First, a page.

— including the brass spittoons that tobacco chewers/spitters usually
managed to miss — for two hours weekdays before he went to school. His pay
was 75 cents a week, plus three bags of groceries for his family.

Dave Jonovich began delivering newspapers in Globe at age 5.  He recalls
that he and his siblings would take their day’s meager pay home and lay it
on the kitchen table for their mother to gratefully gather up. She herself
milked cows and goats, worked in a mattress-making plant and mended clothes.

Mitch Malkovich recalls that one of the tasks he hated most was slopping oil
on wooden store floors with a mop and bucket to preserve them.

The Viches  2496

On the menu

Slavic families, as most other families in early 1900s Arizona, made the
most of their food supplies, including dining on most every edible aspect of
animals raised for consumption.

Mitch Vuksanovich was and is a huge fan of head cheese, which isn’t cheese
at all, but a jellied meat dish usually made from the head of a pig, calf or
goat. He says shortly after he married Martha O’Leary (his wife of 55
years), she opened the refrigerator door and found a goat’s head staring
back at her. He had to explain that there was still plenty of good meat
remaining on that skull.

Other classic Slavic selections at mealtime :
* Sarma – hamburger and rice in pickled cabbage leaves.
* Priganića – sugar-covered deep-fried fritters with raisins.
* Rostule (roast-yew-luh) – long, twisted dough rolled with whiskey
and egg, deep-fried.
* Macaroni with chicken wings, tomato sauce and wine (sometimes butter
and cinnamon), in a bowl lined with parmesan cheese.

Ducking the Revenooers

Nearly all Slavic families in Globe-Miami made red wine in the early days,
often at home but also — as during Prohibition (1920-1933) — in caves in the
hills.  Once or twice a year, the clans would order grapes brought in on big
open-air trucks from California.  Then the kids would be commandeered to
stamp up and down barefoot on the fruit in big tubs to extract the juice.
Adults took over from there.

The Jonoviches made wine, but also a stout whiskey they called White Mule.
Dave said his family would take orders for the hooch during Prohibition.
Then, after nightfall, he’d carry it up to the nearby Globe Cemetery,
keeping an eye out for “Prohis” (government cops of the Elliott Ness persuasion) and leave it alongside a predesignated headstone for pick-up.

Domaća (doe-matchah) is another Slavic homemade whiskey. When toasting with
domaća, wine, etc., the appropriate phrase is Zhivio no dravia! (to your

Yoko worked at copper mines in Superior and Globe, the latter at the Old Dominion Mine. When he died of silicosis (a lung disease common among miners who inhale silica dust) at age 46, he left behind Stella, who knew no English, and six children. The oldest girl, Mary, was 12. Dave was the youngest at less than six months old.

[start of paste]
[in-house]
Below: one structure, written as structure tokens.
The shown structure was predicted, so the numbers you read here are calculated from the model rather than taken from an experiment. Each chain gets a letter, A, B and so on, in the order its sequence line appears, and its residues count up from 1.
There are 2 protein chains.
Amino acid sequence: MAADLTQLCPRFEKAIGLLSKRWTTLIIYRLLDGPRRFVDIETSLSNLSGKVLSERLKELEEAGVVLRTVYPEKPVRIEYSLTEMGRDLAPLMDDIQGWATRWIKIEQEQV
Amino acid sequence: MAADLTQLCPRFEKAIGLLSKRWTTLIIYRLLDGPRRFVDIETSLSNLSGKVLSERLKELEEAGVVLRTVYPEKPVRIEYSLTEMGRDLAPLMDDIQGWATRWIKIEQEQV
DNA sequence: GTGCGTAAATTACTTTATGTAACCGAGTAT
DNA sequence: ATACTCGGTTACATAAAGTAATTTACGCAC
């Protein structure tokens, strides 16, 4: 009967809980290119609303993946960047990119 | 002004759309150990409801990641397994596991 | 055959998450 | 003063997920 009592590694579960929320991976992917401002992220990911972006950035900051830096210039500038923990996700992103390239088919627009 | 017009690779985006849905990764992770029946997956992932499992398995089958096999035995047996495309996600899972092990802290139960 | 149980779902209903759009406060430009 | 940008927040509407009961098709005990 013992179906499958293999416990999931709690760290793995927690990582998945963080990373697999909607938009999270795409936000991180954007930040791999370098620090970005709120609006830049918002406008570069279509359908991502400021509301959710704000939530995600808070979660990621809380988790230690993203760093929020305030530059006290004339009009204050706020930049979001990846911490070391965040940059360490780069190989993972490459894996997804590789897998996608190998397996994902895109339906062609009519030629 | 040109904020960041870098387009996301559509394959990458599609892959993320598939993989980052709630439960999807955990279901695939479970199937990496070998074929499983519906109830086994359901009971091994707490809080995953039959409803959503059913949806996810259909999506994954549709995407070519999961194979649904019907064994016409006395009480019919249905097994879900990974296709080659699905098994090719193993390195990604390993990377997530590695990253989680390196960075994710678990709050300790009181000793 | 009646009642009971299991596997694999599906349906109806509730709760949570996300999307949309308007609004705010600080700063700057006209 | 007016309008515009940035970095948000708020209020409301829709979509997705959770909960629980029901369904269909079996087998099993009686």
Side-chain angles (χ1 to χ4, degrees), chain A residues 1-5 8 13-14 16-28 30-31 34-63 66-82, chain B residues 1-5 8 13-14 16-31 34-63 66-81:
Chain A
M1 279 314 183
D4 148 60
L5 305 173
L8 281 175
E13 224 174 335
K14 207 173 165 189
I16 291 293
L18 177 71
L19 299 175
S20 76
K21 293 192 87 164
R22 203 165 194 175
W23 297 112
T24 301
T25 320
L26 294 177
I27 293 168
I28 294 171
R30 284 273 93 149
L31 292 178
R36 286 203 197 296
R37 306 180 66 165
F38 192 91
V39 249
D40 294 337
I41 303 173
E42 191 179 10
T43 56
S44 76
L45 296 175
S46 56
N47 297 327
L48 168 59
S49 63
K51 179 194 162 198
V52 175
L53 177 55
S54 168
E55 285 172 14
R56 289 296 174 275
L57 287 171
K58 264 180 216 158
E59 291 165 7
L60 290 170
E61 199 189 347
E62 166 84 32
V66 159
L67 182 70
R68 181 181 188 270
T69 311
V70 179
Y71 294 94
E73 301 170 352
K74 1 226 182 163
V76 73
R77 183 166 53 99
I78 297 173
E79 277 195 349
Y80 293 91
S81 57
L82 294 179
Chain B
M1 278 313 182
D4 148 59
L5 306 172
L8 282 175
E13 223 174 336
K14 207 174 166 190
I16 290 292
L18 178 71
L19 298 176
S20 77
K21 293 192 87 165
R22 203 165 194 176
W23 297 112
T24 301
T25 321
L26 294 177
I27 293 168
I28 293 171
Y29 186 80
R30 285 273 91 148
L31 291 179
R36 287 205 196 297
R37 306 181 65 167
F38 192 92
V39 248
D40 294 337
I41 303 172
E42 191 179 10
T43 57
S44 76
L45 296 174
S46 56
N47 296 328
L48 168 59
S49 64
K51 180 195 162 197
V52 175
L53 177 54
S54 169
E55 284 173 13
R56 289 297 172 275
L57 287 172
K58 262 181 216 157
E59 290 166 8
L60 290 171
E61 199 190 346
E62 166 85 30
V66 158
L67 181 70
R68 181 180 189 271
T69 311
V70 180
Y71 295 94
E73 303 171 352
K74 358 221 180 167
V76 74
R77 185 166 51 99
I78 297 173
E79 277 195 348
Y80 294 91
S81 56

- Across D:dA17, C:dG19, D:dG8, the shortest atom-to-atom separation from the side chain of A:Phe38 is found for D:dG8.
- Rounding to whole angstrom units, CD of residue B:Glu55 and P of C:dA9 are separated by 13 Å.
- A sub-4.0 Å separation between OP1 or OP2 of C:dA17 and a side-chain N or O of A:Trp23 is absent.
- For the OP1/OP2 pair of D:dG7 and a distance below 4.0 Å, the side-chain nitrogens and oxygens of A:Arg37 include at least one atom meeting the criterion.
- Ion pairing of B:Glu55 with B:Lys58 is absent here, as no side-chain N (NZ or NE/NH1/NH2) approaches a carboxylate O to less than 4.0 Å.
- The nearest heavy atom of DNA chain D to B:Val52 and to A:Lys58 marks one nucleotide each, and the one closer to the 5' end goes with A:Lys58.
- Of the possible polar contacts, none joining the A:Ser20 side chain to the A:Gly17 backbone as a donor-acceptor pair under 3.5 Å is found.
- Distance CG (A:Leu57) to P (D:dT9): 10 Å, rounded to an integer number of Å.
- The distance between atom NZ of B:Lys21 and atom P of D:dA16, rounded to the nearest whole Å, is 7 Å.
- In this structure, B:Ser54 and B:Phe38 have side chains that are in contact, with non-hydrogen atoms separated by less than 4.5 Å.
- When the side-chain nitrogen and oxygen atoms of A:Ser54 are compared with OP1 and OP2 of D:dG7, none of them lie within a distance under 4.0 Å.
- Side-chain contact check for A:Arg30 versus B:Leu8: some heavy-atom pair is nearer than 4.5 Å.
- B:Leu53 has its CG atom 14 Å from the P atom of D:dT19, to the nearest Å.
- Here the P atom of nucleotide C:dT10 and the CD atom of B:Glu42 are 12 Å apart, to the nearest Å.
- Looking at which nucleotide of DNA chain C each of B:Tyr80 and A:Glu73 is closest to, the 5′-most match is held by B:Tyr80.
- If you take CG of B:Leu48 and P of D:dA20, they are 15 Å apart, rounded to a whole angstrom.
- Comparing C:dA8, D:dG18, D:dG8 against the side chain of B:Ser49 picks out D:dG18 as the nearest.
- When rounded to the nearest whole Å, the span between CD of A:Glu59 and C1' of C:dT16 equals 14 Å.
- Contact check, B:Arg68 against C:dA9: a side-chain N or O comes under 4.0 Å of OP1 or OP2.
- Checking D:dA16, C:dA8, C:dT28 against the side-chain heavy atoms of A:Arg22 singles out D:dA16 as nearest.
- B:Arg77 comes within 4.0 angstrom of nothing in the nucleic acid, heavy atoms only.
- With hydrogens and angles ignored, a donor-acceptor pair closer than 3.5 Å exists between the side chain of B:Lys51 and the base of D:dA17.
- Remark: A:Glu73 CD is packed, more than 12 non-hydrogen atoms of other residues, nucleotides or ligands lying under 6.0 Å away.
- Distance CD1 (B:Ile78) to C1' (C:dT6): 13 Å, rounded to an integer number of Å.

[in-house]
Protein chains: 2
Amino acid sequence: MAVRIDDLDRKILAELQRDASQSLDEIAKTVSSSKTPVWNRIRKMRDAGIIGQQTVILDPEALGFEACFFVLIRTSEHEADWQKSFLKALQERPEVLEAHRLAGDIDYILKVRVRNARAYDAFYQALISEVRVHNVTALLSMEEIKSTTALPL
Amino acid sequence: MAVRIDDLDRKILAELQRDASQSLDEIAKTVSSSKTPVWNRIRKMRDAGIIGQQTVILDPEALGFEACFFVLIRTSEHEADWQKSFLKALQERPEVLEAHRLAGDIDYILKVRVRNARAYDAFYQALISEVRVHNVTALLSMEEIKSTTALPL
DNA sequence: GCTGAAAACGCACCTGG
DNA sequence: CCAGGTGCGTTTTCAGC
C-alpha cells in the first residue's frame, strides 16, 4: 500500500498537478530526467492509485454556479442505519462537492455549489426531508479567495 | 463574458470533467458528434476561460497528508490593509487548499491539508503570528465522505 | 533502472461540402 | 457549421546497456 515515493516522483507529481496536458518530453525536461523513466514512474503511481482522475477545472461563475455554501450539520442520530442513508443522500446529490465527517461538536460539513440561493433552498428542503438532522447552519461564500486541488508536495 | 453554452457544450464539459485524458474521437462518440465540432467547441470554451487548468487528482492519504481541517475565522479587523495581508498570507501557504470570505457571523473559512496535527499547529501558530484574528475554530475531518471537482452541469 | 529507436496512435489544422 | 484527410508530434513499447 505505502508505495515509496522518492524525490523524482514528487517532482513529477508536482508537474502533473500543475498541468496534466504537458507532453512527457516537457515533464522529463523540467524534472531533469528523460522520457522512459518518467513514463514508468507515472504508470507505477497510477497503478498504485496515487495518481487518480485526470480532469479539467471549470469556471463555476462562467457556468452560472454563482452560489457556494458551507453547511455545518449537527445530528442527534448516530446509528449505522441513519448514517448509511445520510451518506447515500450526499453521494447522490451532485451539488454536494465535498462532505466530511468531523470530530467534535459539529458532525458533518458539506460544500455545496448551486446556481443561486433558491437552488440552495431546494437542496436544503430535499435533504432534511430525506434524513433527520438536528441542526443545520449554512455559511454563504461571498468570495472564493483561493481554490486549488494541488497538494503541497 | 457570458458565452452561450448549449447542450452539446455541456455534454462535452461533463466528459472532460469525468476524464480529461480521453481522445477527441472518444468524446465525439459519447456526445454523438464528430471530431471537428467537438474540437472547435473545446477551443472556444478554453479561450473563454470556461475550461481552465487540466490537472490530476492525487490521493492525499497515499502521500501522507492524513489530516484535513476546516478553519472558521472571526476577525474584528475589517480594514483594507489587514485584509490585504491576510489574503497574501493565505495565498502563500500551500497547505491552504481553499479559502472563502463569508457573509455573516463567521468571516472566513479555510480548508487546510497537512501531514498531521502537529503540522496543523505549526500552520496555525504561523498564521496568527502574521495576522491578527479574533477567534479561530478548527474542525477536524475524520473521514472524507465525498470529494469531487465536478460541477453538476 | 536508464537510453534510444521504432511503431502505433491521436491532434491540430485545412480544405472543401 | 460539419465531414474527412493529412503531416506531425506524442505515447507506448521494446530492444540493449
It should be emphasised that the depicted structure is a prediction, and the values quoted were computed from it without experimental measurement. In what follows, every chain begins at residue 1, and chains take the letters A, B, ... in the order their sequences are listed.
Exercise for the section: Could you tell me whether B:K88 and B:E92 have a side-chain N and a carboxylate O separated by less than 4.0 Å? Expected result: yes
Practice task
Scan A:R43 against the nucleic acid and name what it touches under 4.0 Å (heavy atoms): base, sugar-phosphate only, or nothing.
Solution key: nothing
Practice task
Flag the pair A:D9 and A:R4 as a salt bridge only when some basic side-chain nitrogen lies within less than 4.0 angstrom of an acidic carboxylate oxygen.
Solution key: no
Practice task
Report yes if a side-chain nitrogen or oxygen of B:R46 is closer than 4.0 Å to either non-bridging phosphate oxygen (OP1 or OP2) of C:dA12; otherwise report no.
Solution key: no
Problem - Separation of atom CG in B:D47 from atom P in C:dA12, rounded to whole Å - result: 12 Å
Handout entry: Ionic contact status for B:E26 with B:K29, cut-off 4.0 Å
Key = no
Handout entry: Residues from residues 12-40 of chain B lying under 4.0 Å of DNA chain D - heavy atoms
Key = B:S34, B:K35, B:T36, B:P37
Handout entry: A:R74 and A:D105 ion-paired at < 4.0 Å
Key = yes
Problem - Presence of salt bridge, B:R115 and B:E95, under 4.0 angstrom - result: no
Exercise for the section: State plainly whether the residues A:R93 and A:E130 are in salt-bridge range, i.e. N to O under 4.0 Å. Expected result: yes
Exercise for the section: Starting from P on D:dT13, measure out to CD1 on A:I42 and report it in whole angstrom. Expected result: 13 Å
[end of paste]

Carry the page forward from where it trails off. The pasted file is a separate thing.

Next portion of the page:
Yoko worked at copper mines in Superior and Globe, the latter at the Old
Dominion Mine. When he died of silicosis (a lung disease common among miners
who inhale silica dust) at age 46, he left behind Stella, who knew no
English, and six children. The oldest girl, Mary, was 12. Dave was the
youngest at less than six months old.

Looking back and feeling pride

Mitch Malkovich worked 37 years before retiring from BHP Copper Co. and its
predecessors. He was last in charge of open pit mine maintenance at the Pinto
Valley mine. He also worked more than 20 years at Tri-City Fire Department in
Claypool, six of them as chief. He’s now the department’s public information
officer, as he has time.

Dave Jonovich worked more than 40 years for Arizona Public Service Co. and
its predecessors, and also co-owned a successful excavating business. His
partner was from Arkansas. The name of their company was BoArk (from Bohunk
and Arkie).

Mitch Vuksanovich seems to have owned most of Globe-Miami at one time,
including service stations, liquor stores, newspapers, tortilla factories
and cemeteries. He now owns and operates (with 54 employees) the huge Butcher Hook restaurant/bar/RV
park, etc., etc., in Tonto Basin.

What these three plucky guys (and the women who helped make them what they
are) have in common also characterizes the rest of their Slavic brethren.
Their parents and they sacrificed and worked their butts off to make a good
life for their children in circumstances that might have intimidated people
of lesser resolve.

The melting pot in action

The irony of this story is that very few, if any, of the current Slavic
generation in Globe-Miami today (the small number that remain) speak the old
language.  The dozens of Slavic families who used to gather their kin by the
hundreds for Serbian National Federation Lodge meetings in town, and picnics
in the Pinals have now been reduced to only six or eight people who
occasionally meet at one of their homes.

The Serbian and Croatian cemeteries in Central Heights bear testament to the
lives of the Slavic pioneers. Plots there have been set aside for others
of the families who will die not many years in the future.

For those still living, there is a certain amount of sweet sadness for the passing
of the old days and values. Their offspring, now almost fully assimilated
into the melting pot, are moving on with their own lives elsewhere.
Sacrifice may be a concept difficult for them to grasp, but sacrifice has made them part of the American dream.